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Outpatient chemotherapy, family-centered care, electronic information, and education in adolescents and young adults with osteosarcoma

Authors Anderson P, Wells P, Lazarte T, Gore L, Salvador L, Salazar-Abshire M

Received 3 October 2012

Accepted for publication 24 October 2012

Published 14 January 2013 Volume 2013:3 Pages 1—11

DOI https://doi.org/10.2147/COAYA.S38100

Checked for plagiarism Yes

Review by Single-blind

Peer reviewer comments 2


Video abstract presented by Professor Peter Anderson

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Pete Anderson, Patricia Wells, Theresa Lazarte, Laura Gore, Laura Salvador, Maritza Salazar-Abshire

MD Anderson Cancer Center, Pediatrics, Houston TX, USA

Abstract: Current osteosarcoma chemotherapy is “standard” (doxorubicin, cisplatin, high-dose methotrexate ± ifosfamide-mesna, and etoposide ± mifamurtide), but current regimens have many short-term, medium-term, and long-term side effects. Generally 12–15 cycles of chemotherapy are given in the hospital over 7–10 months. Even in the absence of new research protocols, improvement in quality of life is now possible, with all osteosarcoma chemotherapy agents now being able to be administered in the outpatient setting. Outpatient chemotherapy is not only less expensive, but in the adolescent and young adult population can result in better quality of life for some. In this paper, we share information to help reduce the frequency of hospitalization and review some tools and strategies to facilitate communication when providing outpatient chemotherapy, family-centered care, and information/education. These include antiemetics with both longer-acting 5HT antagonists and aprepitant, outpatient chemotherapy guidelines, and a 5-week editable calendar that is part of our electronic medical record. Sharing information on absolute lymphocyte count recovery is another means of maintaining hope and increasing understanding of the prognosis of osteosarcoma. Finally, this paper shares an advanced directive/palliative care “checklist” of issues for patients and caregivers to consider at end of life, ie, when “cure of cancer is not the answer”. In summary, better communication at all stages of osteosarcoma care can help reduce hospitalization, improve quality of life, and maintain hope in the adolescent and young adult population with osteosarcoma.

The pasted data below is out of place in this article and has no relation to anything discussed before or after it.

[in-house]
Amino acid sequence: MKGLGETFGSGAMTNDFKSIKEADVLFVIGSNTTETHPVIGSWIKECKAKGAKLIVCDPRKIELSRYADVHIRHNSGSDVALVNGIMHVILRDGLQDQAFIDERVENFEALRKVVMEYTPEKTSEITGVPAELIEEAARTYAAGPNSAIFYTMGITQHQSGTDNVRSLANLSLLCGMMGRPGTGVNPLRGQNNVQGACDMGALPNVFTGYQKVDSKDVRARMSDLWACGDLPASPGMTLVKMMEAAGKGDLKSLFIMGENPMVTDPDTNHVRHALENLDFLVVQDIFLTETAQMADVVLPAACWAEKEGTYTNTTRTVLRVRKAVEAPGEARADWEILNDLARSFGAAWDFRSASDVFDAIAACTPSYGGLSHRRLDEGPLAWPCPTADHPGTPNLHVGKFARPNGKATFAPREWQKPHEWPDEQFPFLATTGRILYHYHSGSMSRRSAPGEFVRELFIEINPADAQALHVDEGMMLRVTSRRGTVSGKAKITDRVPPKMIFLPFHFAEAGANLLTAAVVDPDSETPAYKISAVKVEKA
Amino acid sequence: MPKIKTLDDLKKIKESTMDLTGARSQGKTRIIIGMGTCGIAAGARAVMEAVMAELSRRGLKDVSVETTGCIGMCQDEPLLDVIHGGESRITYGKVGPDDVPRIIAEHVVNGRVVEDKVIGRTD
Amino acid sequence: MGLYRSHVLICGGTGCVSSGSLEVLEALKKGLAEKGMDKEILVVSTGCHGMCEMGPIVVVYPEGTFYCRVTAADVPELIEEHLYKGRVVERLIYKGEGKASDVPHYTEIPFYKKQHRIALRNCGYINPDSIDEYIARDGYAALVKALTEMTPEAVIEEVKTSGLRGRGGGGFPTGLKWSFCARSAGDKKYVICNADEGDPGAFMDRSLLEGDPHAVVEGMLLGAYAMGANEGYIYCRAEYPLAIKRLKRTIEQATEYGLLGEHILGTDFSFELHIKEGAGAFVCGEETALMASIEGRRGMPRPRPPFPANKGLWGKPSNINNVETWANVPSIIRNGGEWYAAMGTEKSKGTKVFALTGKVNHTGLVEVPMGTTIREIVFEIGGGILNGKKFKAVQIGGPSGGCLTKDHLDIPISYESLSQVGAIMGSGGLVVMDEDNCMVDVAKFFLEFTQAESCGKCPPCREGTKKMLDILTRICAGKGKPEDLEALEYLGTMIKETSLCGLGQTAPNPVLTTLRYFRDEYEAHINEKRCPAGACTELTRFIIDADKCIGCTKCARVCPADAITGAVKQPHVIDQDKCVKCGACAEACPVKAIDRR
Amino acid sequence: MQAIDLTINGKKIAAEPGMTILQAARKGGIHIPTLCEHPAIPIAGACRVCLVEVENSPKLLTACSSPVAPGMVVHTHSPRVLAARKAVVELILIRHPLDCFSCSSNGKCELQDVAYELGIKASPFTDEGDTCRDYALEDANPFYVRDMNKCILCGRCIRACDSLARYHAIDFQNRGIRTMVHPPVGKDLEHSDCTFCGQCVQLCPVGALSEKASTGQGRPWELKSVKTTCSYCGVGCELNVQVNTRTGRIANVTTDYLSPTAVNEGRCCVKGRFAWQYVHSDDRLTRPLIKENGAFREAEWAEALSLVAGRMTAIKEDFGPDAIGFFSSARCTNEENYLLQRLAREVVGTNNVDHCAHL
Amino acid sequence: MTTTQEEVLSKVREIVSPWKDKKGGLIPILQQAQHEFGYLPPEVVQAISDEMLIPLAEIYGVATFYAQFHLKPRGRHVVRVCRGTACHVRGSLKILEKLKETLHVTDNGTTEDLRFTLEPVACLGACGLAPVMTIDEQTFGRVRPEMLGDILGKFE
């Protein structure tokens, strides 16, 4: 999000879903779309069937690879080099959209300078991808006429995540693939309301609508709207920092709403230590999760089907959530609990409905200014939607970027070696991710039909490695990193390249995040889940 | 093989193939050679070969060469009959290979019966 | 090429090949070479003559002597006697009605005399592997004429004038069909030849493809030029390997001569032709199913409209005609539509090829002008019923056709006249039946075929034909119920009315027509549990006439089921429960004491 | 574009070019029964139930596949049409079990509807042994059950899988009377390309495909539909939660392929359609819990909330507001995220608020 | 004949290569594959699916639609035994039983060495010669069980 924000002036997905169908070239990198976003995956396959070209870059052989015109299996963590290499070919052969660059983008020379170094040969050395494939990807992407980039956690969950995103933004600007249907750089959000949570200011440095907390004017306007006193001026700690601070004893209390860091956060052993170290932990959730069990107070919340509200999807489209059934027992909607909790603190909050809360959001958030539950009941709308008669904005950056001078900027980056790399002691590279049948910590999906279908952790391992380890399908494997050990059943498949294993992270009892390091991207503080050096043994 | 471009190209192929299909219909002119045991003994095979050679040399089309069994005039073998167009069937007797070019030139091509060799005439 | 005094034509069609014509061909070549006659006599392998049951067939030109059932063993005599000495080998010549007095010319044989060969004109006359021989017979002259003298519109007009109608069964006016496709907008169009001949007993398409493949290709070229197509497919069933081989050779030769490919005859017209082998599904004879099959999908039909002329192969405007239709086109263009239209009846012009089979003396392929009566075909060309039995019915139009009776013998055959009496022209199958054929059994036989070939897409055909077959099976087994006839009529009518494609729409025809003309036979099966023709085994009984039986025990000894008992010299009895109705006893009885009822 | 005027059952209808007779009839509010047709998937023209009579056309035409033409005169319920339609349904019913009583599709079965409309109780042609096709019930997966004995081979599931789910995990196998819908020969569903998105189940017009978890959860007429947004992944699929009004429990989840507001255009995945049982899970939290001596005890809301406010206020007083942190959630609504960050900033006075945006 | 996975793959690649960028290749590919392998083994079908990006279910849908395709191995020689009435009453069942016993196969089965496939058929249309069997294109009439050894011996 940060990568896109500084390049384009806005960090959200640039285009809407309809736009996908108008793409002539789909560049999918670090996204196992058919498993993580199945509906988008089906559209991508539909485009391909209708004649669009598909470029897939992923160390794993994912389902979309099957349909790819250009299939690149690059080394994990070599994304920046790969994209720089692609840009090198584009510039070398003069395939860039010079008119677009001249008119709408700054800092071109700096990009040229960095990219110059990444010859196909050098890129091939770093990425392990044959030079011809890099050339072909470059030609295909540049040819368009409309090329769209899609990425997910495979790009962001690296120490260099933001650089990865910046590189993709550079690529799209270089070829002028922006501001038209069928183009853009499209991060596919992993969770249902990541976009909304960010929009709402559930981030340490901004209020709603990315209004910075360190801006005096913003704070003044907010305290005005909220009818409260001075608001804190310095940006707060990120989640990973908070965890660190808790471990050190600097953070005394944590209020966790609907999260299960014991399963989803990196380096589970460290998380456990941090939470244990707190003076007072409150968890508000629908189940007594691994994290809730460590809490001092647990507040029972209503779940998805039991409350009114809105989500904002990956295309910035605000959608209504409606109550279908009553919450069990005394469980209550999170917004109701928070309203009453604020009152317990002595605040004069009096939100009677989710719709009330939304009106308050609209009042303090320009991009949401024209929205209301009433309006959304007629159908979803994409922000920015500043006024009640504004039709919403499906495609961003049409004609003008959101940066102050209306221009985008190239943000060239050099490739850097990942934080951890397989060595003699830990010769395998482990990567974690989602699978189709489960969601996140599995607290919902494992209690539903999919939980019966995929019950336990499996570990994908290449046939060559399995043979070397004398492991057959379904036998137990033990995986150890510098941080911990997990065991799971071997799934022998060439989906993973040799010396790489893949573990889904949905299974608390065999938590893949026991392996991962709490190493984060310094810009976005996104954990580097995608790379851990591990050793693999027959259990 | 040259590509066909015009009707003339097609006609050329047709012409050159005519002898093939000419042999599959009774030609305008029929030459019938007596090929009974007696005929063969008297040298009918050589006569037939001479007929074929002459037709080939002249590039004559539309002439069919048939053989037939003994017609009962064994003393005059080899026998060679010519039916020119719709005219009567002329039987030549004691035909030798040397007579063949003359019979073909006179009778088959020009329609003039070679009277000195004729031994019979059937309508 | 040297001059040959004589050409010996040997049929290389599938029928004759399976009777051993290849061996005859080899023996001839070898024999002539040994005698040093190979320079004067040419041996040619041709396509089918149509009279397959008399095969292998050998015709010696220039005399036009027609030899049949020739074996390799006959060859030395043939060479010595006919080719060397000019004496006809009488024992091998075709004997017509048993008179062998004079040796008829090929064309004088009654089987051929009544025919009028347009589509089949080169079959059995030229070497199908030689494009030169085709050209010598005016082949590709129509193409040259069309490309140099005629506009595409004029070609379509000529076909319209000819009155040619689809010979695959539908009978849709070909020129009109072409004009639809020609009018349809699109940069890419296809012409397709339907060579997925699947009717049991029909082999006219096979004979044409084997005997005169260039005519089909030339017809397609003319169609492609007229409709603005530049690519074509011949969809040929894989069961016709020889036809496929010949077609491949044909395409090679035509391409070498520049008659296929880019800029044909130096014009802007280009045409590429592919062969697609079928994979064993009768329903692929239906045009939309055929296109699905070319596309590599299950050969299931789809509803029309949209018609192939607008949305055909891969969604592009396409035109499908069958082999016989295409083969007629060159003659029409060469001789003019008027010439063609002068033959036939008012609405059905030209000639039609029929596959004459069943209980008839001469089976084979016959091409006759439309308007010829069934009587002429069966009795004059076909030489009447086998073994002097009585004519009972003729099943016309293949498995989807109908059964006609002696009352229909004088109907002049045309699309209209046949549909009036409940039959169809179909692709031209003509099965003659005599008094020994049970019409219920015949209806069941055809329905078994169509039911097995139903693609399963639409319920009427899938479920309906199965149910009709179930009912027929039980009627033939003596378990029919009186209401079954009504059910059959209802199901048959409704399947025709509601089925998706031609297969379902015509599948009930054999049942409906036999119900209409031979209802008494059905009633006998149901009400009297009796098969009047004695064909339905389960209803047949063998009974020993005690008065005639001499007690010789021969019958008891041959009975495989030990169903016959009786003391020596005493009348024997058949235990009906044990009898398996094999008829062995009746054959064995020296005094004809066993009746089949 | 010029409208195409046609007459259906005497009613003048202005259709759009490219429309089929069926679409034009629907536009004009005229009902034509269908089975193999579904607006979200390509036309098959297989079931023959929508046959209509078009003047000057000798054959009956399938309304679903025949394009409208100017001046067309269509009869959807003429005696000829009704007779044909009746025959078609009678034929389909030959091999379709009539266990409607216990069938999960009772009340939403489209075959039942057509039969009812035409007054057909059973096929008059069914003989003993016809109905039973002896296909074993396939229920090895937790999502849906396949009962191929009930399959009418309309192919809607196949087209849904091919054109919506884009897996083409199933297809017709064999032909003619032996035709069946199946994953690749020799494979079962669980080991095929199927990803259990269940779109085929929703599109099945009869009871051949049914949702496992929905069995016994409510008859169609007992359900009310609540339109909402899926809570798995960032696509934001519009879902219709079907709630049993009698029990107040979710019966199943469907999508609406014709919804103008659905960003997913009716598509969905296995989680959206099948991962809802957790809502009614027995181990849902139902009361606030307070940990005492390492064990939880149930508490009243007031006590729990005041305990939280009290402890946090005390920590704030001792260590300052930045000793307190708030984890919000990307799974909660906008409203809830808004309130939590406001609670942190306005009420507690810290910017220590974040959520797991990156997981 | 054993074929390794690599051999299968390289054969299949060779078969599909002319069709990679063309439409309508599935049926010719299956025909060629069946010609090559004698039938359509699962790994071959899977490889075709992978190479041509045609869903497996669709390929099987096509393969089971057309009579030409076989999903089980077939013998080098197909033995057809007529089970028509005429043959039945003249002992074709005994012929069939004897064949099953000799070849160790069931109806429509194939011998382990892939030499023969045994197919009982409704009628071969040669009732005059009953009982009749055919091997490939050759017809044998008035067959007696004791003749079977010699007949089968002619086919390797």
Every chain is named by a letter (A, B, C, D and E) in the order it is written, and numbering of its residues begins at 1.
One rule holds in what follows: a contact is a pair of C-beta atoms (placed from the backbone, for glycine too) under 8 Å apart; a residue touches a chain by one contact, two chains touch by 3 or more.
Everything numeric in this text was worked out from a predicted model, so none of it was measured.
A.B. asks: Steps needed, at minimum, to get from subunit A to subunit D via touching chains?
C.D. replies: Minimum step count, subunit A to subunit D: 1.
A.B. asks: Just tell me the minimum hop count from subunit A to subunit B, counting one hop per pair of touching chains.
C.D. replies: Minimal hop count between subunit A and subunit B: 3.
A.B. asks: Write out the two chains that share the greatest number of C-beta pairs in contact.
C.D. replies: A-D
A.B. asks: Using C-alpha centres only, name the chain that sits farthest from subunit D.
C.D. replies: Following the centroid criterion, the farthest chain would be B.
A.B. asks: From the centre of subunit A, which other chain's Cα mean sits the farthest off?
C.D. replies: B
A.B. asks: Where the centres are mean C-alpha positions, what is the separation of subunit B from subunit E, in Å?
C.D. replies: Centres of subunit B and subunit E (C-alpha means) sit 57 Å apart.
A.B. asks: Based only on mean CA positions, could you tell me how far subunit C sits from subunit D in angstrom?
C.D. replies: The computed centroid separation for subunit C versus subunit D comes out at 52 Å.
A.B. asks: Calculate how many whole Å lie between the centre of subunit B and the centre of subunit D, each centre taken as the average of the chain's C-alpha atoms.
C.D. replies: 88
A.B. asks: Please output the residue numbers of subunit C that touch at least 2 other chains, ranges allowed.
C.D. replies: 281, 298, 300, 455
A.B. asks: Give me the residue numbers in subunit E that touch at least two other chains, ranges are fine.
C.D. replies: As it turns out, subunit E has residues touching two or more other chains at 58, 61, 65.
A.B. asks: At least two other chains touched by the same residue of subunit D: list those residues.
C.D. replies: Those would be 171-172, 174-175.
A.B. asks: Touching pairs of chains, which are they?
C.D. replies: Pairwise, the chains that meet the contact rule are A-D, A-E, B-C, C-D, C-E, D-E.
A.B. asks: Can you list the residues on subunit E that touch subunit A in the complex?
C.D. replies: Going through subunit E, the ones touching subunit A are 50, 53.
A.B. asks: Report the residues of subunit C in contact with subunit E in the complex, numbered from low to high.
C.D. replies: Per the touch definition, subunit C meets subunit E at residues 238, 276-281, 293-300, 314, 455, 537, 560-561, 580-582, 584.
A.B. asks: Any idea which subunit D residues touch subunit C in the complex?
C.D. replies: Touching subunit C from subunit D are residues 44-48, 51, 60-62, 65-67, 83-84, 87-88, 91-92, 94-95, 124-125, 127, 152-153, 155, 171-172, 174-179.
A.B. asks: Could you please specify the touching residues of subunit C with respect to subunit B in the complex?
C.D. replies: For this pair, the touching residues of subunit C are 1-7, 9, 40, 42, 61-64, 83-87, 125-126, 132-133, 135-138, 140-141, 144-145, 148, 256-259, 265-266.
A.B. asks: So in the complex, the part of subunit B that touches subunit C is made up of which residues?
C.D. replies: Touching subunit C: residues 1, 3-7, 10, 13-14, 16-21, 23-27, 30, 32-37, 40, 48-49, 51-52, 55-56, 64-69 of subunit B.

Keywords: family-centered care, adolescent and young adult, flash drives, chemotherapy calendars, outpatient, osteosarcoma, chemotherapy

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